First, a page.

Under the decree, a congressional steering committee that handles legislative affairs during Congress's summer recess -- as well as key finance and comptroller panels it oversees -- will continue to function in a limited capacity. But the assembly can assume their powers should they delay or fail to perform their duties. The assembly is also planning to limit the functions of state legislatures and is discussing similar controls on state governors and municipalities.

The move by the recently installed assembly -- the engine behind Chavez's radical reform program -- was a response to legislators' threats over the weekend to withhold approval of two foreign trips Chavez is scheduled to make Tuesday and Saturday -- trips the assembly has since sanctioned -- and to delay action on several key budgetary matters.

"By making the decision to assume these [legislative powers], we are not usurping any of Congress's powers; we are assuming a responsibility that they were irresponsibly abandoning," said the constituent assembly's president, Luis Miquilena.

In a last-ditch effort to rescue congressional powers through legal avenues, Henrique Capriles, president of the Chamber of Deputies, petitioned the Supreme Court to rule on the legality of the assembly's decree. "In Venezuela, are there institutions, or not? Is there an existing legal framework, or not?," he asked.

The Supreme Court voted 10-5 last Tuesday to support the assembly's decisions to give itself extensive powers to fire judges and other court officials and to overhaul Venezuela's troubled judicial system. The outcome of the vote prompted the resignation of the court's president, Cecilia Sosa, and generated predictions today that Capriles's petition will fail.

Chavez, 45, a cashiered army officer who led a failed coup in 1992, won election by a landslide on a promise to make a "peaceful revolution" that would end Venezuela's longstanding economic problems. His ascendancy ended four decades of domination by Venezuela's two main parties, Democratic Action and the Social Christian Party, which are largely controlled by the nation's economic and political establishment.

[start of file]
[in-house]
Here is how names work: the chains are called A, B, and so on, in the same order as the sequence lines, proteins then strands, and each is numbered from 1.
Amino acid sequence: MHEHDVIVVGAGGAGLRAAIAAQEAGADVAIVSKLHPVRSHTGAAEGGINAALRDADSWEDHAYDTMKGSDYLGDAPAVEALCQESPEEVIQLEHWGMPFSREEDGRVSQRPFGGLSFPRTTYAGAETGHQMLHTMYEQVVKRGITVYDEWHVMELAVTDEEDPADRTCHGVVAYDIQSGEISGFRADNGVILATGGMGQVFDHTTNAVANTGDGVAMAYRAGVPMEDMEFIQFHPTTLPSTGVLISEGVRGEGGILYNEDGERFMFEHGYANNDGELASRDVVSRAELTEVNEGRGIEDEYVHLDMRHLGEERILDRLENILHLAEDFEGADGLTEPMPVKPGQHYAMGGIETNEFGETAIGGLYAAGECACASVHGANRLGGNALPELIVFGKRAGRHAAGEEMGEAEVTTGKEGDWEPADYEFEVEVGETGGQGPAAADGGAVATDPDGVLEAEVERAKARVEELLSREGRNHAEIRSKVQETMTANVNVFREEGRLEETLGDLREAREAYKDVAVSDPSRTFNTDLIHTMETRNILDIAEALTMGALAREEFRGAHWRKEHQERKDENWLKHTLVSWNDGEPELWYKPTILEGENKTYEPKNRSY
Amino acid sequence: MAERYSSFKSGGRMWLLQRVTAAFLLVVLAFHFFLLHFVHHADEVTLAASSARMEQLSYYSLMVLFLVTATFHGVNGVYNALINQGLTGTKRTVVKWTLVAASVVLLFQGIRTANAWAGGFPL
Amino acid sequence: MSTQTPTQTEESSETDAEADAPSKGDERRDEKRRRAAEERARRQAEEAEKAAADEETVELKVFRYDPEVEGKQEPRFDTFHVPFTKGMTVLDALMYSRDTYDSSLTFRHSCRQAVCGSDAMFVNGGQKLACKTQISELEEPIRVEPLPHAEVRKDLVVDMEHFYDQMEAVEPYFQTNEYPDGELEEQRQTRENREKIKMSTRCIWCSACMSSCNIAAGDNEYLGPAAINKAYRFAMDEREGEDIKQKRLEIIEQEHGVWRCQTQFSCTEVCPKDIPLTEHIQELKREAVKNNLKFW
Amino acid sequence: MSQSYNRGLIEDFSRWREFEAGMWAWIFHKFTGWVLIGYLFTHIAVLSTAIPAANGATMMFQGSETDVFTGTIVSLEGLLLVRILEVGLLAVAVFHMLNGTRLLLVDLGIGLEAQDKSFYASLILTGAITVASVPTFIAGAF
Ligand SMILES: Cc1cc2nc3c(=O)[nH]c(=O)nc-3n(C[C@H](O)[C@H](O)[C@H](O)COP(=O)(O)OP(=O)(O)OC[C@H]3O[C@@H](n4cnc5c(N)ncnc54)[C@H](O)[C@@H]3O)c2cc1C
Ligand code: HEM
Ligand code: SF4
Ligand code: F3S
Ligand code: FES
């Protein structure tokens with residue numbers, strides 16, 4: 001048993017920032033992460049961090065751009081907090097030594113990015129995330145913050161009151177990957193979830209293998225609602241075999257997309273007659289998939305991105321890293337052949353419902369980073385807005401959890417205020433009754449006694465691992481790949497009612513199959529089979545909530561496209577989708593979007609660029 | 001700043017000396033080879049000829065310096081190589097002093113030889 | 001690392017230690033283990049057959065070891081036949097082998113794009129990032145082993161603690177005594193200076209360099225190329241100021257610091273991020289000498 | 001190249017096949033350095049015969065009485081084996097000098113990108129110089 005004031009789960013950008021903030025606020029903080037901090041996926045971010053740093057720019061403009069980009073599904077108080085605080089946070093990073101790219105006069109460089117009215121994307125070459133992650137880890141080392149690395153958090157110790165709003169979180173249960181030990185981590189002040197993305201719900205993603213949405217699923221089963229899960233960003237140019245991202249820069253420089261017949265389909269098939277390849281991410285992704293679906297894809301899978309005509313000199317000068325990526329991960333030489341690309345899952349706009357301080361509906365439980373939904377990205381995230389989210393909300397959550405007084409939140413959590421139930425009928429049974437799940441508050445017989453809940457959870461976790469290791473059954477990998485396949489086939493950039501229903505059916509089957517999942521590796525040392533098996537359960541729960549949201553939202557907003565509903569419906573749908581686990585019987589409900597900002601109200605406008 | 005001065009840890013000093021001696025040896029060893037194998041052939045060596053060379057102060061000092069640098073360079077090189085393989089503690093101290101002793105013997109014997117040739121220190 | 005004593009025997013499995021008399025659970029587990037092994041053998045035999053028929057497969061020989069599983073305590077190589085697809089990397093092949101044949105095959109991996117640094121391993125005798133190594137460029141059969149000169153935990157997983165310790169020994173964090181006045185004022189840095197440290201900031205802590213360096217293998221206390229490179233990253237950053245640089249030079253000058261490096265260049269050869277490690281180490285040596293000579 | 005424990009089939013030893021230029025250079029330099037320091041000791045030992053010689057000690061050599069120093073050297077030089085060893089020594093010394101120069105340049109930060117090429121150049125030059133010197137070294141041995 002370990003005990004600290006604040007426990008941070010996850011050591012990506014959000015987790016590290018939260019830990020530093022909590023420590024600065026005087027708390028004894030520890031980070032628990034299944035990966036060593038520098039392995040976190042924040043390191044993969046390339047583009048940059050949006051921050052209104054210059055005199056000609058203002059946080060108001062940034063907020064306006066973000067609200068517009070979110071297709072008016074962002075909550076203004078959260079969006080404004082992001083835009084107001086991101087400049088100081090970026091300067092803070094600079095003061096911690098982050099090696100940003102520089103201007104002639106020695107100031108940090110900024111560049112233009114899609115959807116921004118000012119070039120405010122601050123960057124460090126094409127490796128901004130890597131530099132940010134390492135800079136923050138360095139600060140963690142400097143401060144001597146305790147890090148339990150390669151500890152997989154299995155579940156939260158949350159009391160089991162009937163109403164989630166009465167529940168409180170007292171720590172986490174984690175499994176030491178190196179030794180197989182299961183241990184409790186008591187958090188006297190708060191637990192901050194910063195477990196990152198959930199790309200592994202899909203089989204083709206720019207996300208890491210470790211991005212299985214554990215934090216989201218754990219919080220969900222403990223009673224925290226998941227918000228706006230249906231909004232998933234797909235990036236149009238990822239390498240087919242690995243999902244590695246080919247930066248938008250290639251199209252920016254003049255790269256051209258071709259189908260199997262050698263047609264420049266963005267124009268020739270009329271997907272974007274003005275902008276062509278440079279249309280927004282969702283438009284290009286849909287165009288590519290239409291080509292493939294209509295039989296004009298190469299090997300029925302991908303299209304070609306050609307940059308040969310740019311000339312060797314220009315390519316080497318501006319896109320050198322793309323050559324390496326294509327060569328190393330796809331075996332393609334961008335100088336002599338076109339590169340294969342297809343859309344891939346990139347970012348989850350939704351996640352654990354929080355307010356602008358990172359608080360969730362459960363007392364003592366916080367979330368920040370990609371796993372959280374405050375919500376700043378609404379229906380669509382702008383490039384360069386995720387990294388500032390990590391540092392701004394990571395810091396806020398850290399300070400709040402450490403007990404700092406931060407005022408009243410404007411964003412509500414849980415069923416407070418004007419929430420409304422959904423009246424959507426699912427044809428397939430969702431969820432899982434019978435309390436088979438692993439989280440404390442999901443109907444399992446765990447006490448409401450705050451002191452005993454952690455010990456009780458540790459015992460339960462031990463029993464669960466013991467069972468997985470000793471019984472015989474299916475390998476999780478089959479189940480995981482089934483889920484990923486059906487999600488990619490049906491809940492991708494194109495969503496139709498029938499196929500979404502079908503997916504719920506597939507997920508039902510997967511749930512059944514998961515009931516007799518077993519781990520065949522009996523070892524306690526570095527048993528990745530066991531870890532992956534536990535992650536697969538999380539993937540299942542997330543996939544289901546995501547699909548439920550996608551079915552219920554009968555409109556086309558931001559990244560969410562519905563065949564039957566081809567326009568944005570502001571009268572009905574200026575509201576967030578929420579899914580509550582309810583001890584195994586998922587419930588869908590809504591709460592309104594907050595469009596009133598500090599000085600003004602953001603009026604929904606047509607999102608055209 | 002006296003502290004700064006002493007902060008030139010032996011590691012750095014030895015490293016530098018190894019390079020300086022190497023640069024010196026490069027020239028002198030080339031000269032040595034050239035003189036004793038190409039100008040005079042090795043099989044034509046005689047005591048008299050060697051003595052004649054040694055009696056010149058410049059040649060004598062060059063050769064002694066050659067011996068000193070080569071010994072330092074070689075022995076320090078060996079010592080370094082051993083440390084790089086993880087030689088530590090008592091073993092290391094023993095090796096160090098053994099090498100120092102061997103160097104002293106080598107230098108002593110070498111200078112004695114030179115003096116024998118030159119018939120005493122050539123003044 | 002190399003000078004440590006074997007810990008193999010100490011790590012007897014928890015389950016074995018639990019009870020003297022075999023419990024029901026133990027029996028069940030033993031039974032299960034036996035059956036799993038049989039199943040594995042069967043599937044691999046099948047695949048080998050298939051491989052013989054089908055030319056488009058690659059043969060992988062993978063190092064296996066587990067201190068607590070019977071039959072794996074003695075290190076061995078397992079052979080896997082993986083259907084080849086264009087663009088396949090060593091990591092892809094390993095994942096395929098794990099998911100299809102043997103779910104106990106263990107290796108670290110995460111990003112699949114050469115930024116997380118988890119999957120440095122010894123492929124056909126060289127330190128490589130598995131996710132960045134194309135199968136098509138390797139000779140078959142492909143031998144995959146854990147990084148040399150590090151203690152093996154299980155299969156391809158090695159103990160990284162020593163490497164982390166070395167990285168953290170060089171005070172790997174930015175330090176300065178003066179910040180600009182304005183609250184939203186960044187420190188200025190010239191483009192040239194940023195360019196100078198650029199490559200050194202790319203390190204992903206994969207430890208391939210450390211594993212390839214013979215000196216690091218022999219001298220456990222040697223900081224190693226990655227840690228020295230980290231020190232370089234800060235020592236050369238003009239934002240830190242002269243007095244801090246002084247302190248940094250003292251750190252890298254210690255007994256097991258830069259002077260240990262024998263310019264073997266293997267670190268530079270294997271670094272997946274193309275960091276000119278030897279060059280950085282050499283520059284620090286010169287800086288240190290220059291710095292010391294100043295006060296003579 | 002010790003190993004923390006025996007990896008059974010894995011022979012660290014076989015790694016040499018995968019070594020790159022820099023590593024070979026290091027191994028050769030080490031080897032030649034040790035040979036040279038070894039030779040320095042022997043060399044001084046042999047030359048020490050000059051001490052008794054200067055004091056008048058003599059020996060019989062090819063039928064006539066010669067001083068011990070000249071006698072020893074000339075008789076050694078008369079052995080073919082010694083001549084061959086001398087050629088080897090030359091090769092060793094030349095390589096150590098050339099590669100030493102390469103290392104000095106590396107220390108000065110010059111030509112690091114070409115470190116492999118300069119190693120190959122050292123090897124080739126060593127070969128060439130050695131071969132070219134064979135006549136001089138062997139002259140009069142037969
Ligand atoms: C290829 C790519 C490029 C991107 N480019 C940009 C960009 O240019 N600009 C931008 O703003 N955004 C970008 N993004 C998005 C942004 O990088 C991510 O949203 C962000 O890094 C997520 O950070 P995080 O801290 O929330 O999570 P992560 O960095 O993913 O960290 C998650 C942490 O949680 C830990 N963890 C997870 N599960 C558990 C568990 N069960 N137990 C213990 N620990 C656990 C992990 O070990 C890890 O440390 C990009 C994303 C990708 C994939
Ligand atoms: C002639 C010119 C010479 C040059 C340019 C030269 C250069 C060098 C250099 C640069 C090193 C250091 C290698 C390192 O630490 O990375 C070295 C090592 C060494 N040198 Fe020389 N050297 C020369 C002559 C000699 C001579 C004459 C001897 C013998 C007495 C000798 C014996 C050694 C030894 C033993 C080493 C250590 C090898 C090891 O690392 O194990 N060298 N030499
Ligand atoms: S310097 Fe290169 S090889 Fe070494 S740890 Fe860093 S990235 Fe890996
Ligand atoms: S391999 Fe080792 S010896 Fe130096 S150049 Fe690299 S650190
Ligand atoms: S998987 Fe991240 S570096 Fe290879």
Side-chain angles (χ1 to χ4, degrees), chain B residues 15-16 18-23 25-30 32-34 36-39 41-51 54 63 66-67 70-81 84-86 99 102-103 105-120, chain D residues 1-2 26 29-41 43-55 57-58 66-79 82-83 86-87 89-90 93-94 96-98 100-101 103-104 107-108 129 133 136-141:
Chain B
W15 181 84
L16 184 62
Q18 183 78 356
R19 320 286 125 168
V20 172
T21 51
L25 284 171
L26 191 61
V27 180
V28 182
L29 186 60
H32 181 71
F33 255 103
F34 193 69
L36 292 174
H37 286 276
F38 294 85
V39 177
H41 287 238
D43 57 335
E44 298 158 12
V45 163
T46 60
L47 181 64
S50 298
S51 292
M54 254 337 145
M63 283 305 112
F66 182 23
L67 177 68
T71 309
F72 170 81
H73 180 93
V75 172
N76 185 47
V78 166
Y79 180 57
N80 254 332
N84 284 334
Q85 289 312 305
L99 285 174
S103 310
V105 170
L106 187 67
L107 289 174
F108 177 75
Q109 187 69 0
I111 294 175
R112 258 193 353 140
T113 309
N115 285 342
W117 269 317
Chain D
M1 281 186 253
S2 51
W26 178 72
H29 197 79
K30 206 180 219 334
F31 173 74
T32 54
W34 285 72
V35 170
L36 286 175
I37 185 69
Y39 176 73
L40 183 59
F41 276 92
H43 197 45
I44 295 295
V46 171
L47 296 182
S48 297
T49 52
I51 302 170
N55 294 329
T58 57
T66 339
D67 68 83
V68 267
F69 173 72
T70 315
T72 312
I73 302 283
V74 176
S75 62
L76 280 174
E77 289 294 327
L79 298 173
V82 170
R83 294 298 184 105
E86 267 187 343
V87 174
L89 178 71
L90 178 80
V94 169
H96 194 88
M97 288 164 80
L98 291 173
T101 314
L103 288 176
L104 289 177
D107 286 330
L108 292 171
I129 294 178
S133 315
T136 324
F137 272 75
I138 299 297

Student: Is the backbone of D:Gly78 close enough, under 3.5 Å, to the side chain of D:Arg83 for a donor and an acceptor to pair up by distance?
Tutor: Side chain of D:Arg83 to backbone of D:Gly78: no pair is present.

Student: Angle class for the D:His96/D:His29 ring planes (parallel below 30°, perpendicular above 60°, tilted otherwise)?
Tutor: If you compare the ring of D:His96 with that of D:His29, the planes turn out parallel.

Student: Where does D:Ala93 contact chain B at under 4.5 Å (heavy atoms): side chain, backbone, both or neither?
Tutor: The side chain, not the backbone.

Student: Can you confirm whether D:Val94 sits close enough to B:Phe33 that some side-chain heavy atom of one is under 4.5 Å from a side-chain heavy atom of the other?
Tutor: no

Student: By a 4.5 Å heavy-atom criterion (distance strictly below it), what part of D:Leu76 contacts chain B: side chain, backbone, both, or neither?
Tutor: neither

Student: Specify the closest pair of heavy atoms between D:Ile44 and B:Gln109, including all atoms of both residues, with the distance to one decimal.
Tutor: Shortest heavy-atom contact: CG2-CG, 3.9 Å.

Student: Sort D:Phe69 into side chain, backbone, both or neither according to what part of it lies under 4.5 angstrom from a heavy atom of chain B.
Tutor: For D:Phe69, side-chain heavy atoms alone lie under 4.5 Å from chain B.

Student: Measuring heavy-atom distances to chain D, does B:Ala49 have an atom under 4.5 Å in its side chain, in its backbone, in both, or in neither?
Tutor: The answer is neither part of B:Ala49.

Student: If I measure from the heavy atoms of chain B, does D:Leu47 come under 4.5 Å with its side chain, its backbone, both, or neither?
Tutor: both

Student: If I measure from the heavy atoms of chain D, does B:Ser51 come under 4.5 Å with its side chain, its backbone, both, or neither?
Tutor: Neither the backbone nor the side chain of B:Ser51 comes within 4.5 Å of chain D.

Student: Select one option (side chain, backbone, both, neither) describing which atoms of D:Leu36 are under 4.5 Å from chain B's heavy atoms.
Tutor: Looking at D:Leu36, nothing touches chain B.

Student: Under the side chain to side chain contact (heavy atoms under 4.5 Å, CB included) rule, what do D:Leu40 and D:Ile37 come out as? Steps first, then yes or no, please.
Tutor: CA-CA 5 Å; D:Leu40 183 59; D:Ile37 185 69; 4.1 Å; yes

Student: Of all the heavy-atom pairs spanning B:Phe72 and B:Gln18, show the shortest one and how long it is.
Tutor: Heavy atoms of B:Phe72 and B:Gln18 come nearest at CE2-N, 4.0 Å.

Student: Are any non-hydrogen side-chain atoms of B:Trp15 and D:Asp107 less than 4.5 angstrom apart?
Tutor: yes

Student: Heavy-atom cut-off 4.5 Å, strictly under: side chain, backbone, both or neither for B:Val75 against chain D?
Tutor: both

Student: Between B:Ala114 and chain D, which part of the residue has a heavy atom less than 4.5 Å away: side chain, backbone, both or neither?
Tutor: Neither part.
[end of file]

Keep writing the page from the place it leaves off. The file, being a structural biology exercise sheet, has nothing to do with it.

Chavez's electrifying campaign vows to combat entrenched corruption and redirect Venezuela's oil wealth toward its poor majority catapulted him to victory. Oil accounts for more than 70 percent of Venezuela's export earnings, and many of the country's poor feel cheated out of the profits from it.

But clearly, not everybody agrees with Chavez and the assembly majority, whose members include his wife, brother and several people who took part in his coup attempt.

Timoteo Zambrano, head of Democratic Action's congressional faction, declared that his party would not accept the conditions of the assembly decree, and Alberto Franceschi, one of a half-dozen opposition members in the assembly, said after today's vote: "The Congress has been reduced to an invalid."

Outside the halls of Congress, more than a few Venezuelans agreed. "What they are doing right now is too traumatic," said Greta Calderon, 27, a resident of a middle-class neighborhood in the municipality of Vargas. "There is no reason to do away with Congress; it has been part of Venezuela for the longest time."

Staff writer John Lancaster in Washington contributed to this report.